For those who have been kicking around biodiesel for awhile now, the latest NREL studies on NOx have been exciting news.
We asked our new Executive Director, Matt Rudolf to get his head around the latest NOx information and to get our website updated. Here is his contribution to the conversation:
NREL NOx Emissions Primer 101
I have been talking with Doug Lawson over at the National Renewable Energy Laboratories about NOx emissions from biodiesel. Doug presented data from NREL studies on NOx emissions (I and II) at the NBB meeting in San Diego in February 2006. These studies bring great uncertainty to the widely held belief that biodiesel use increases NOx emissions.
First off, NREL chassis dynamometer studies measuring NOx emission using biodiesel blends from B2 to B50 and pure biodiesel, B100, have shown a wide variation in NOx emissions from the diesel fuel NOx emissions baseline.
These data show no consistent effect of biodiesel use on NOx emissions, and tend to indicate that the wide variation in the data is likely due to differences in testing and engine technologies, rather than from the use of biodiesel.
This new information seems to be contrary to previous common knowledge on biodiesel NOx emissions that are based on a 2002 study by the EPA. The difference seems to be that EPA testing was done on a lab bench using a motor outside of a vehicle, whereas the NREL study was done using a chassis dynamometer in which testing is done with the motor in the vehicle (in this case a city bus) closer replicating real-world usage. Results from these latest studies indicate a 5% reduction in NOx emissions when using B20, as opposed to the 2% increase reported by the EPA. Results from these tests indicate that at the very least, the jury is still out on whether biodiesel use actually affects NOx emissions.
Apart from all this, Lawson also explained to me the complex issue of the so-called weekend effect which shows that although people drive less on the weekend, ozone levels stay the same or increase in urban areas. Since ozone is created by precursors like NOx and VOCs, this effect is counter-intuitive.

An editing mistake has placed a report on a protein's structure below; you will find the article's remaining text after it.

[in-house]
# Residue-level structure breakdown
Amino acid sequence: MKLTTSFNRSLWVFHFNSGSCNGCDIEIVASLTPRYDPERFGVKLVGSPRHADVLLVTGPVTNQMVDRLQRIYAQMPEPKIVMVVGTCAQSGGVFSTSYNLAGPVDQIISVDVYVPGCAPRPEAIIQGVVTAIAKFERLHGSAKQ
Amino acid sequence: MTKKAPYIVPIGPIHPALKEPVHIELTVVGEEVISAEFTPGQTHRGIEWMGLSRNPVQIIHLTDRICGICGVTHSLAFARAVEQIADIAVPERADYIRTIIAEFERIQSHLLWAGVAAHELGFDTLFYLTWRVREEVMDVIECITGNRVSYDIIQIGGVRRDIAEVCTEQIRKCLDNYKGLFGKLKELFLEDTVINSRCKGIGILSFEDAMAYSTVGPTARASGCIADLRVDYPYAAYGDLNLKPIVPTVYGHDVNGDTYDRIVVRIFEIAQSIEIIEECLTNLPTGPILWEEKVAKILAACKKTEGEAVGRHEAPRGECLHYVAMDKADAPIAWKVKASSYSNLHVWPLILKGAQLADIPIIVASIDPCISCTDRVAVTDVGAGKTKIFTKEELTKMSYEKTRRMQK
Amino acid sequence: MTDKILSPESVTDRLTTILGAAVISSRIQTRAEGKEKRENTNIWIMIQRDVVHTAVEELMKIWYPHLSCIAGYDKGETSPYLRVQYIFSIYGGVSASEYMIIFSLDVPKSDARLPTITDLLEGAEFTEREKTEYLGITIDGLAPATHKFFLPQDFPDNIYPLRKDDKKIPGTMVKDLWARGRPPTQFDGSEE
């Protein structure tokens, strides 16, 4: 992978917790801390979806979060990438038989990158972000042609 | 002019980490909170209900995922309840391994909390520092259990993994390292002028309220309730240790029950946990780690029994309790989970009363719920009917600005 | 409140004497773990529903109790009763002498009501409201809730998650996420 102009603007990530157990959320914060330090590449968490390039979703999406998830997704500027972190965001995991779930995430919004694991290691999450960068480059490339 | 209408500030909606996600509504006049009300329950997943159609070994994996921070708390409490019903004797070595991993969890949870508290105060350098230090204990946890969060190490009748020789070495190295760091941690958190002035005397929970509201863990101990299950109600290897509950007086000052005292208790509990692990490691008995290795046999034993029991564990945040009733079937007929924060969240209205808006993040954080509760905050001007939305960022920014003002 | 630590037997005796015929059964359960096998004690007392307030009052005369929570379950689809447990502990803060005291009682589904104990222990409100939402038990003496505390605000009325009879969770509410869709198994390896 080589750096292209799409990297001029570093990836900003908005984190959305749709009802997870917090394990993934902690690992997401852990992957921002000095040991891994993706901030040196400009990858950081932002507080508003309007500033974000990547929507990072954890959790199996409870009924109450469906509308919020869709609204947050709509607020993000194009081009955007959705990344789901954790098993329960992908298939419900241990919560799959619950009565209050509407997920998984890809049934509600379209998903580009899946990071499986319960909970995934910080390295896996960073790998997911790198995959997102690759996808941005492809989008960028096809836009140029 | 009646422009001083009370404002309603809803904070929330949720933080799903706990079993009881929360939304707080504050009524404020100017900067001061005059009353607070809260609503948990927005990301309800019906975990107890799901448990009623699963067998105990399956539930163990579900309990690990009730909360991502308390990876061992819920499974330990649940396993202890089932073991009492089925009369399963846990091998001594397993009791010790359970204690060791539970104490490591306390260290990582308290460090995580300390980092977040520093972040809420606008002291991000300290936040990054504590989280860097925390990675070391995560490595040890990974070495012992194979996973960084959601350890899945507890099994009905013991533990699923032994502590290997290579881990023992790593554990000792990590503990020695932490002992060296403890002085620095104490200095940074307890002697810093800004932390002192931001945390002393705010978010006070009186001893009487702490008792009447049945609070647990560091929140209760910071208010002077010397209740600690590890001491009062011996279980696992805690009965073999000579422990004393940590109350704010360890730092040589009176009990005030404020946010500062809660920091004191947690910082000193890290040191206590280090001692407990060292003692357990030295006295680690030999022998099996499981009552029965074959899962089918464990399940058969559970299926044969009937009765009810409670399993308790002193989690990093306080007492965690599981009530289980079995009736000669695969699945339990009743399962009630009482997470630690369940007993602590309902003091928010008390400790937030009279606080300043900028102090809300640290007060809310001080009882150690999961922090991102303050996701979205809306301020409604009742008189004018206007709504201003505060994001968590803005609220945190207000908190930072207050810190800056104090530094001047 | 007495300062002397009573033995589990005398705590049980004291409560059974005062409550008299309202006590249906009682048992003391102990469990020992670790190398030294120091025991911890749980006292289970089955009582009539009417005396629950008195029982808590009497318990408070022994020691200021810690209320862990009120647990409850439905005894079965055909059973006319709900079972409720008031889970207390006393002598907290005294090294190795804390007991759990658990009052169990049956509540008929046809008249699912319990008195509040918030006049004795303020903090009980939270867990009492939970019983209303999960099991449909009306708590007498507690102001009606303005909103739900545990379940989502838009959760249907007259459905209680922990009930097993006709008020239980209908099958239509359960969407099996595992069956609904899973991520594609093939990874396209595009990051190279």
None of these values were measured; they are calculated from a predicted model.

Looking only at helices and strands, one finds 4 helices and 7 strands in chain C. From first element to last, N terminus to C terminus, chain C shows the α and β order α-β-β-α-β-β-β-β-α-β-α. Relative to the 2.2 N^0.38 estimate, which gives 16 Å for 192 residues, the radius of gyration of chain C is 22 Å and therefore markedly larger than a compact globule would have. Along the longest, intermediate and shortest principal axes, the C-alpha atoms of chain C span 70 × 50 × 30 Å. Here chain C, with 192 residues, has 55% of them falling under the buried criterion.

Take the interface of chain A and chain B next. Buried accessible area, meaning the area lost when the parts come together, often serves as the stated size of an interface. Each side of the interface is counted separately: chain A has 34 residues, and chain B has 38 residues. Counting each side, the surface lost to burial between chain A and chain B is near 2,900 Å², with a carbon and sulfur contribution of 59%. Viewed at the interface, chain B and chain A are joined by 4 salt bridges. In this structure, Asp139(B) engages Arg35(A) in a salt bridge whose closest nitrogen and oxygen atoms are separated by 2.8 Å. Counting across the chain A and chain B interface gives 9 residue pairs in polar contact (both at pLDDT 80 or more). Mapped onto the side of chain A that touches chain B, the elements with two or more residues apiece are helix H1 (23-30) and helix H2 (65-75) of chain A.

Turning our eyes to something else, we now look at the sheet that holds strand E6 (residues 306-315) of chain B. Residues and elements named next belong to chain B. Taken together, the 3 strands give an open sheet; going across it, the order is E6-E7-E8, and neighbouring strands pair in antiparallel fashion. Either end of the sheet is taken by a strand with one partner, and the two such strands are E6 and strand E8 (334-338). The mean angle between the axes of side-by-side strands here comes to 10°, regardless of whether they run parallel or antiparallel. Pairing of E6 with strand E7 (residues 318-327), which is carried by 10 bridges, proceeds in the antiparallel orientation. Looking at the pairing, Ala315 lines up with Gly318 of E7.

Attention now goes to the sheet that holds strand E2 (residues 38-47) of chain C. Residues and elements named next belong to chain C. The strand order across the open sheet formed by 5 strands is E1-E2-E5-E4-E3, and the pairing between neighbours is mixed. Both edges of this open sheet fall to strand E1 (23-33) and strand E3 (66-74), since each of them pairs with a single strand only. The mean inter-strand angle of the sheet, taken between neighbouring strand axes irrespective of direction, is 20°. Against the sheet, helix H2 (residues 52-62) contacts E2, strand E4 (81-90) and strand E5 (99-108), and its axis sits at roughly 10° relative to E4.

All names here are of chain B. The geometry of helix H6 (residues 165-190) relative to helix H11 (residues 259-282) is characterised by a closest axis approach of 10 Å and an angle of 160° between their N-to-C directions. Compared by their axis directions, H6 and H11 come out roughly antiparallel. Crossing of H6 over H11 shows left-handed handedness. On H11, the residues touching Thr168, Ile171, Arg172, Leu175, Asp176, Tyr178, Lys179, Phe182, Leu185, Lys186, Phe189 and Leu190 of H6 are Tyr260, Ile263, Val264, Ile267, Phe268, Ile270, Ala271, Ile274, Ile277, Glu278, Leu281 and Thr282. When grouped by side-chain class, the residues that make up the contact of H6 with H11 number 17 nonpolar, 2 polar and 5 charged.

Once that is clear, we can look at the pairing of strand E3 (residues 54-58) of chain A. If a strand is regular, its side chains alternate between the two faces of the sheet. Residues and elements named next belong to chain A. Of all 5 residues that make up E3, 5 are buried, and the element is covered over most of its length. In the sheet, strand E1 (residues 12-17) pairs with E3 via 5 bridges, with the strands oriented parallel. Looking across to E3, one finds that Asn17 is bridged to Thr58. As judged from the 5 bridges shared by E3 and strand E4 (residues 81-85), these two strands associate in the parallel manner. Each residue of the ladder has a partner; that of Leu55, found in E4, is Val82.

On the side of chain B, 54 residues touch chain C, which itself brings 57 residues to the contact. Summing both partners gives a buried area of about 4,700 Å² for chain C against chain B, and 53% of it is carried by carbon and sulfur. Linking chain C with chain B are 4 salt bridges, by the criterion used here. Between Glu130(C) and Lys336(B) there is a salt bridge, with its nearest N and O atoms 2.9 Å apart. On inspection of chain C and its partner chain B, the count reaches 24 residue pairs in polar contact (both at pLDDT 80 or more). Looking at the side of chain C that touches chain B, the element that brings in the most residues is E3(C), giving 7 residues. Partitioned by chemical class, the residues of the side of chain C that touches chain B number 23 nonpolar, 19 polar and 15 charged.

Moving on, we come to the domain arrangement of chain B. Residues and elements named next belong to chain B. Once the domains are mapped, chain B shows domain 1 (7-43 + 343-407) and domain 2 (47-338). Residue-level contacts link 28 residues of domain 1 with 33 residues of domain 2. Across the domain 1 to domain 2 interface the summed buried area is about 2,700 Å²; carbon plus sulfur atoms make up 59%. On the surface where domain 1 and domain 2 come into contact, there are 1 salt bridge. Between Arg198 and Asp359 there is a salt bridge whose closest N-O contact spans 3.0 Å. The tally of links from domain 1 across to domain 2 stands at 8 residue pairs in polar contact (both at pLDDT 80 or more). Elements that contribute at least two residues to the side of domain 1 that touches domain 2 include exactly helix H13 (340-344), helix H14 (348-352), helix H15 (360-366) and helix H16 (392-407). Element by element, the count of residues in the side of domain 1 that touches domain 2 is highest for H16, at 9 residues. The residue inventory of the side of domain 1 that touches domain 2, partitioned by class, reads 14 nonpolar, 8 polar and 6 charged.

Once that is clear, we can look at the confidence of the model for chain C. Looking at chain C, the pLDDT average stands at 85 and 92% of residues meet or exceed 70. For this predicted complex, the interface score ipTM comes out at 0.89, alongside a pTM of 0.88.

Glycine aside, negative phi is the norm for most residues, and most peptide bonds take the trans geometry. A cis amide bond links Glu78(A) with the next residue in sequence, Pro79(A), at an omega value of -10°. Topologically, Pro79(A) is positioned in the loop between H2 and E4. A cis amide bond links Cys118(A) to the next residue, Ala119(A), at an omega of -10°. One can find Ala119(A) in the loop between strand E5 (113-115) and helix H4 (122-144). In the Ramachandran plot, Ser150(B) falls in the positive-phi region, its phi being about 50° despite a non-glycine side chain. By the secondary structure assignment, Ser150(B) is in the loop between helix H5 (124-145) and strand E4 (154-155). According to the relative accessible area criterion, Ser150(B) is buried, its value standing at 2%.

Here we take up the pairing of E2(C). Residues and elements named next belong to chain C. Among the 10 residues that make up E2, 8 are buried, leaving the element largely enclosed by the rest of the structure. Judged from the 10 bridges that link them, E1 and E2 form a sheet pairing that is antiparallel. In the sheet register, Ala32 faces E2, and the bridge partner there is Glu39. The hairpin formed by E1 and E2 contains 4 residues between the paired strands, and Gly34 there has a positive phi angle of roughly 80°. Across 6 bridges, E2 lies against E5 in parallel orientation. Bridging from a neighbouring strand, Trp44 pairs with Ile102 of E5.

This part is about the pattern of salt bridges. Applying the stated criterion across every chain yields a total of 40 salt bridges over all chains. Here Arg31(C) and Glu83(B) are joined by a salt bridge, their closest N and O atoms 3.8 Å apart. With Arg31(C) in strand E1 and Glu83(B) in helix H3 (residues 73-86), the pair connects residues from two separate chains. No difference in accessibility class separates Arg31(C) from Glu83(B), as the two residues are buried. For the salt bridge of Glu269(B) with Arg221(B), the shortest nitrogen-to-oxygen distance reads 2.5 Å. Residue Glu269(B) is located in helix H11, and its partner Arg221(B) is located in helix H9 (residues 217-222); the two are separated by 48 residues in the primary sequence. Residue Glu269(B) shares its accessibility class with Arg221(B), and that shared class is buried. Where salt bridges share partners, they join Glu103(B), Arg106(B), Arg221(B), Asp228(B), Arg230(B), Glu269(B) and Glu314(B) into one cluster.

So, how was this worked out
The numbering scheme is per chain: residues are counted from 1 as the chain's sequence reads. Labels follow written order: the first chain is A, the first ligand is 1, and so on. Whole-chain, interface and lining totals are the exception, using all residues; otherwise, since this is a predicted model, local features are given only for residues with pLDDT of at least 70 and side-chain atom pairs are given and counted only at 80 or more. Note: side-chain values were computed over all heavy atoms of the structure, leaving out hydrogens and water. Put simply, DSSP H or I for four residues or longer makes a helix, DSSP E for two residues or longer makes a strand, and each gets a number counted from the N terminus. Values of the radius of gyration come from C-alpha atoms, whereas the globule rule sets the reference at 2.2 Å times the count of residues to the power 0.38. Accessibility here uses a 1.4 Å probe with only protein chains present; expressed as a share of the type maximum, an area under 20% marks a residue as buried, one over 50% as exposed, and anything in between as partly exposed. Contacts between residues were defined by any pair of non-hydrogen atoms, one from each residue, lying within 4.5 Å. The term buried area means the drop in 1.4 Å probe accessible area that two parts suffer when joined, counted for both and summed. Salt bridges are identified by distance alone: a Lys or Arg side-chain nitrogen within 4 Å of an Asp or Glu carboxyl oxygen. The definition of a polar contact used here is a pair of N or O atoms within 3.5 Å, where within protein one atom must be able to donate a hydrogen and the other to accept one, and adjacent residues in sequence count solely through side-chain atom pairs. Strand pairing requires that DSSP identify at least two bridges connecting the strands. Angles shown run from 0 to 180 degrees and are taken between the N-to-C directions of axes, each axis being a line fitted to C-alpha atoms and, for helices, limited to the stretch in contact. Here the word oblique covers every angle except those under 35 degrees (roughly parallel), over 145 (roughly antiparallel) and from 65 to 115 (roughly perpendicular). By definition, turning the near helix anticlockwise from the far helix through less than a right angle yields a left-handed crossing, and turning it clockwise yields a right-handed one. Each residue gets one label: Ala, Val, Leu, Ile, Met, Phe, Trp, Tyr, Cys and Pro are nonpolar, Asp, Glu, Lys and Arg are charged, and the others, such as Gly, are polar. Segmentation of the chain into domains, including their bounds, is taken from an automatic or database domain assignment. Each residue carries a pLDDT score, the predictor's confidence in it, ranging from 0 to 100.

The reason Lawson gives for the Weekend Effect is based in the chemistry of ozone production and in the type of NOx emitted. Current diesel motor NOx emissions are composed of about 95% NO and 5% NO2. The NO actually reacts with ambient ozone in the titration reaction? to produce NO2 and O2. The chemical equation for this reaction is NO + O3 –> NO2 + O2.
When we lower the available NO, ozone produced from hydrocarbon sources other than cars can actually be produced earlier in the day and at a faster rate than normal, leading to higher recorded ozone levels. Whether or not the general public is willing to accept the idea that lowering NOx emissions is actually a bad idea may depend largely on whether NREL air quality investigators can convince EPA air quality regulators that their science is sound and that increased NOx emissions can actually lower ozone production. The chemistry of smog production is a little complex for lay people such as myself to fully understand, but for the moment the public should know of the discussion going on among air quality experts in the field.
Suffice to say that the jury is still out on biodiesel NOx emissions, but we should at the very least stop quoting the increased NOx figures as gospel until the science of what is going on is better understood.